Online instruction in school has for years linked students to subjects they otherwise couldn’t take, such as A.P. Calculus or Latin. But districts are increasingly using online technology platforms to teach core subjects – a consequence of the ongoing shortage of teachers, according to a report posted byThe 74.
More than 40 percent of the nation’s schools reported teacher vacancies last year, according to the National Center for Education Statistics.
Districts are spending thousands, sometimes millions of dollars on virtual teachers, according toThe 74’sreview of purchase orders in GovSpend, a data service.
“This is happening all over,” said Jennifer Carolan, co-founder and partner in Reach Capital, a firm investing in education companies. She estimates approximately a dozen companies offer virtual teaching – “meaningful scale” in her words.
Given the lack of teachers, district leaders assert a virtual teacher is better than none at all.
“You’ve got to find a way to get instruction in front of those children,” said Andy Pruitt, spokesman for the Charleston County schools in South Carolina.
Charleston paid more than $450,000 for virtual teachers in math, language arts and social studies for 22 classes across seven schools last year – and sent an email to parents informing them of the practice prior to the start of school. But the district, using federal relief funds to give each of its almost 3,600 teachers a $5,000 bonus this year, doesn’t expect to need virtual teachers this year.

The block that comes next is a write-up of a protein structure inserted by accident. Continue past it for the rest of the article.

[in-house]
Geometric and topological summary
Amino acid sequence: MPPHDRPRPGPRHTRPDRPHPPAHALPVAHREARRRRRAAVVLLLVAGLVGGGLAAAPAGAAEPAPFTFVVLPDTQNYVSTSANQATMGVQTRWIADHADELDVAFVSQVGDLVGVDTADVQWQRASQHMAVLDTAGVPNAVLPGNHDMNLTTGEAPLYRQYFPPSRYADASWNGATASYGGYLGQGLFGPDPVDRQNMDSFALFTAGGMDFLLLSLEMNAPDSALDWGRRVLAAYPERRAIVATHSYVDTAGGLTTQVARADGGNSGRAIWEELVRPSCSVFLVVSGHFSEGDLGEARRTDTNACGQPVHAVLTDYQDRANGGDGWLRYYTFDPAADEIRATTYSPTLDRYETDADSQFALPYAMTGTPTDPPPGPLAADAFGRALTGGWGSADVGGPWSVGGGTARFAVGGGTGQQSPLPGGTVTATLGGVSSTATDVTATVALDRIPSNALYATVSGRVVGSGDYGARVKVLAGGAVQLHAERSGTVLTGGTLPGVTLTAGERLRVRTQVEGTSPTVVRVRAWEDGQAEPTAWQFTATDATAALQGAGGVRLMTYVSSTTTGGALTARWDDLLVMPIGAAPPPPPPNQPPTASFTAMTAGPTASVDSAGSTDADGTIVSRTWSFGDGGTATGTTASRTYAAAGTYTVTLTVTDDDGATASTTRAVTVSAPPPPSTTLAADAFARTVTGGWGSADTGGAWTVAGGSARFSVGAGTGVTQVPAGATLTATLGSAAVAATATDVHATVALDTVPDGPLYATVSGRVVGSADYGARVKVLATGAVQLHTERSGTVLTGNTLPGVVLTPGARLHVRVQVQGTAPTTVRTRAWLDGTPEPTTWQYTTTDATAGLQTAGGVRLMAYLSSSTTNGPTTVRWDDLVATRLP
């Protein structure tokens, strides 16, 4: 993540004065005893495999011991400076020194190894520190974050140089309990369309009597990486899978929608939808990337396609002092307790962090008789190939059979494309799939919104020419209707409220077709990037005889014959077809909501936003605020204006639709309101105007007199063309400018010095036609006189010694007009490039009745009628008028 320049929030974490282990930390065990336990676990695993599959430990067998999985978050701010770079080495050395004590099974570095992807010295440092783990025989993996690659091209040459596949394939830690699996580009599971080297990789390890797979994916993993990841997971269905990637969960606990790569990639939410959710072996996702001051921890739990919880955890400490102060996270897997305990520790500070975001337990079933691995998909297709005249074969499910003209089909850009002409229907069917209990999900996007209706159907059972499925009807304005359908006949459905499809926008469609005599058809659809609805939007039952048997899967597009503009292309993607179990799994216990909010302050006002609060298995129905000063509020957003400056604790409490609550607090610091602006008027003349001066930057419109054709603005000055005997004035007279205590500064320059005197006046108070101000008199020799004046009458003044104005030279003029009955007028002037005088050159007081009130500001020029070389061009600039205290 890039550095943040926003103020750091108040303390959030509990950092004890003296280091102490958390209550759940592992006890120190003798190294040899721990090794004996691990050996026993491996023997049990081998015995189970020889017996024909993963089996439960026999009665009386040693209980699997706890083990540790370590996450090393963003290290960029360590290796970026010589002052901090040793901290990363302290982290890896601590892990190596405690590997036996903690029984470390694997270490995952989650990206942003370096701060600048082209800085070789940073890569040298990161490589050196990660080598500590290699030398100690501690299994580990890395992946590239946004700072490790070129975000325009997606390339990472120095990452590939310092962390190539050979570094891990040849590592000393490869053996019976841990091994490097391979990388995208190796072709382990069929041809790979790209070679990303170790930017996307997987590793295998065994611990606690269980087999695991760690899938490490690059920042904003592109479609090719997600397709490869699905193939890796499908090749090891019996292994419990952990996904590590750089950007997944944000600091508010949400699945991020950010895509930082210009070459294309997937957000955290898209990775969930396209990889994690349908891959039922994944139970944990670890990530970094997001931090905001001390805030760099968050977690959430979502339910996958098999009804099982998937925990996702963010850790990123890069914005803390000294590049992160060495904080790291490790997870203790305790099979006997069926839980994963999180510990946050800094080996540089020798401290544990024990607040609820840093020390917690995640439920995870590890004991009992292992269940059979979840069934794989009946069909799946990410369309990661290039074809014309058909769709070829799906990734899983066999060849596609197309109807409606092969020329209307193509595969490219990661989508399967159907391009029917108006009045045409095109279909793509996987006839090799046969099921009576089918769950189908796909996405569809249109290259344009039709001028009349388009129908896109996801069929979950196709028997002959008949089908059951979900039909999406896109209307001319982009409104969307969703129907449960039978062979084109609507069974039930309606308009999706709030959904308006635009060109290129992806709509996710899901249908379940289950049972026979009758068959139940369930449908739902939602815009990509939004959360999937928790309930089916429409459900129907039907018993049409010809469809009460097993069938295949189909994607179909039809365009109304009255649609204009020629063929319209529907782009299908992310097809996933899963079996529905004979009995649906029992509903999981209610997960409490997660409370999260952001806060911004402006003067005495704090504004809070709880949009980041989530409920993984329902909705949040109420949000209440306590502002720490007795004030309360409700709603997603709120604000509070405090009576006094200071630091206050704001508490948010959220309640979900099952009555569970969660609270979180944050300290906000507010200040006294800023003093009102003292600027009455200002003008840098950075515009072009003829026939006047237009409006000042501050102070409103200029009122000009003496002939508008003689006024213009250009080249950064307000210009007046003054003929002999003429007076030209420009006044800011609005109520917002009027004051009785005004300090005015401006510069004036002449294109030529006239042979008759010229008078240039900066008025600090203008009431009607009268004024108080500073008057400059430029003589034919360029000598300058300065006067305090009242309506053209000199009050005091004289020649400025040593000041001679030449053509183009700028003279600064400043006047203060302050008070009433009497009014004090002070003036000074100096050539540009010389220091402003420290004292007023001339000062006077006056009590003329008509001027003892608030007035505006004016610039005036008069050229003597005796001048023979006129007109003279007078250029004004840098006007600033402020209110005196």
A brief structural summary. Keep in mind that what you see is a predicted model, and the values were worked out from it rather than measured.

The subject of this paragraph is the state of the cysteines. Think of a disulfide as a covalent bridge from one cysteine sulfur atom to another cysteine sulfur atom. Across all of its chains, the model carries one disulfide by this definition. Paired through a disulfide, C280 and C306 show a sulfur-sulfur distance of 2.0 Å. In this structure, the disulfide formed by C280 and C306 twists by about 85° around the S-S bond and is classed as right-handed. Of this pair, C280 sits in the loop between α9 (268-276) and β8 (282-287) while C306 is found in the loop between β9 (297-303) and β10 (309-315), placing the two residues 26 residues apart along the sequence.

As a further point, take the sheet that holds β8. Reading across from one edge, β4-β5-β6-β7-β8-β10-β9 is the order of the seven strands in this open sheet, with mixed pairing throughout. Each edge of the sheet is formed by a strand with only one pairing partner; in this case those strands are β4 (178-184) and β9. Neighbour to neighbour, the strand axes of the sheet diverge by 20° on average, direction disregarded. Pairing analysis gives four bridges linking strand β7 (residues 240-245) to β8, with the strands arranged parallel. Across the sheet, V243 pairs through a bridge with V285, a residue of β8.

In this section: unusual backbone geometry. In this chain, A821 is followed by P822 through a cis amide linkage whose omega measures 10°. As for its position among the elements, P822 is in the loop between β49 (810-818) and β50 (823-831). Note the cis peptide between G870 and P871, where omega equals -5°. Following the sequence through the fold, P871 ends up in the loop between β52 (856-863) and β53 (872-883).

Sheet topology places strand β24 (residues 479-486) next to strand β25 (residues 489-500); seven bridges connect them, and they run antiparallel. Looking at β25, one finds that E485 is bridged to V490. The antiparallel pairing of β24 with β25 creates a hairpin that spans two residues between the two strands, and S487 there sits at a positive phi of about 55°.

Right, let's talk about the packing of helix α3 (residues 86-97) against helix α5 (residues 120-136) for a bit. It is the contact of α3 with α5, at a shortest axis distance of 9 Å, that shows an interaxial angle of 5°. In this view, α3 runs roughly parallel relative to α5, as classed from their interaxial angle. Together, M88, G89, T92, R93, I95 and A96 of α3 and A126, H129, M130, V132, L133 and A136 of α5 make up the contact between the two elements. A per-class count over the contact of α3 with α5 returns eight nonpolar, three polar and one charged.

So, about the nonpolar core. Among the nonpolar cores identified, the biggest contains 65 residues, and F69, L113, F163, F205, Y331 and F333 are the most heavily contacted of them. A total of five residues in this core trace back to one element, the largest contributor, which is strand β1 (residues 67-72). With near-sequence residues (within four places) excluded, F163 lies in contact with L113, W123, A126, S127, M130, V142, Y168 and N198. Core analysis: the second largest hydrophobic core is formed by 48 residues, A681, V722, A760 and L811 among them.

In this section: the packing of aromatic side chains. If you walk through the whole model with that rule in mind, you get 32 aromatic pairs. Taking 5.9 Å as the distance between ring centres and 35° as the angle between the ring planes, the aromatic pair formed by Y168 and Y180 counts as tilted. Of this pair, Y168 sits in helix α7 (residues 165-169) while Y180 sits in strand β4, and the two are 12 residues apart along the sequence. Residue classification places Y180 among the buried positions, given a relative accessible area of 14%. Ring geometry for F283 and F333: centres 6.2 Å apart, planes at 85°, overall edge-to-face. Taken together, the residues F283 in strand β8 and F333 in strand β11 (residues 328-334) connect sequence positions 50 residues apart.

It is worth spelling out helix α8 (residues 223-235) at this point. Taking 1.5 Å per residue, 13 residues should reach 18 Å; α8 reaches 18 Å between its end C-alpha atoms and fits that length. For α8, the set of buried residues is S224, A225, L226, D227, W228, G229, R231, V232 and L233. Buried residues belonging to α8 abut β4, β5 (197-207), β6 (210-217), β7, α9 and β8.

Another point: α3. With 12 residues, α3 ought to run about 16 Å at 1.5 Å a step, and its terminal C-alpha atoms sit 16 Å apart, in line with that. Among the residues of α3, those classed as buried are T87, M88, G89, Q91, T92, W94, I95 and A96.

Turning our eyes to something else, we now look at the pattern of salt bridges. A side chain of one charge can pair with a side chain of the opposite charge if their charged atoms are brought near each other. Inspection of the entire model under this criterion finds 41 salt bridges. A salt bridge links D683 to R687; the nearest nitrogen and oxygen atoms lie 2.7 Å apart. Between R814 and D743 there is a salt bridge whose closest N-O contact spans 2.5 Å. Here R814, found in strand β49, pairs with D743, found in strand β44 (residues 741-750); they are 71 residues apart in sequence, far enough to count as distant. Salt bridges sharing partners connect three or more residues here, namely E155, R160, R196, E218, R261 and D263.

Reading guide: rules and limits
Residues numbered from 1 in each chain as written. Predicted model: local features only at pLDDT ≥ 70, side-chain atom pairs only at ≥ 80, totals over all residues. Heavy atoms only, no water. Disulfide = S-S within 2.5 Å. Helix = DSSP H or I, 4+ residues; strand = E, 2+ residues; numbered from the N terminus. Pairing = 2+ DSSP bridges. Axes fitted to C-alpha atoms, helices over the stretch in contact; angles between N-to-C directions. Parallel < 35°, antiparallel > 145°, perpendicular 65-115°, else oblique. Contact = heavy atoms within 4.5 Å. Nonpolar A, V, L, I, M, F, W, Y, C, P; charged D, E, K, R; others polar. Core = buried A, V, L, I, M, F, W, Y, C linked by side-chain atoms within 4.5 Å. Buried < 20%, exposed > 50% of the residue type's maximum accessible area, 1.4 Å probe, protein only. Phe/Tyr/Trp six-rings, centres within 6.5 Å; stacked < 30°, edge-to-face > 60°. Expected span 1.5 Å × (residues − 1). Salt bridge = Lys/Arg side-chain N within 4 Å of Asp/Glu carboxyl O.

About an hour west of Charleston, the 4,900-student Colleton County School District will again this school year fill positions with virtual teachers. Last year students had virtual distance learning for required courses in algebra, biology, English and history. The district’s school board approved $18,000 for high-tech cameras that allow virtual teachers to see the entire classroom and deter students from wandering out of class.
Demand for virtual teachers is skyrocketing. Annual spending by districts on one virtual platform increased from $6.3 million in 2020 to more than $21 million last year.
“It seems to be developing into a behind-the-scenes boom industry, said Kerry Chisnall, principal of Hawley Middle School in Creedmoor, North Carolina. The school used four virtual K-12 teacher last year.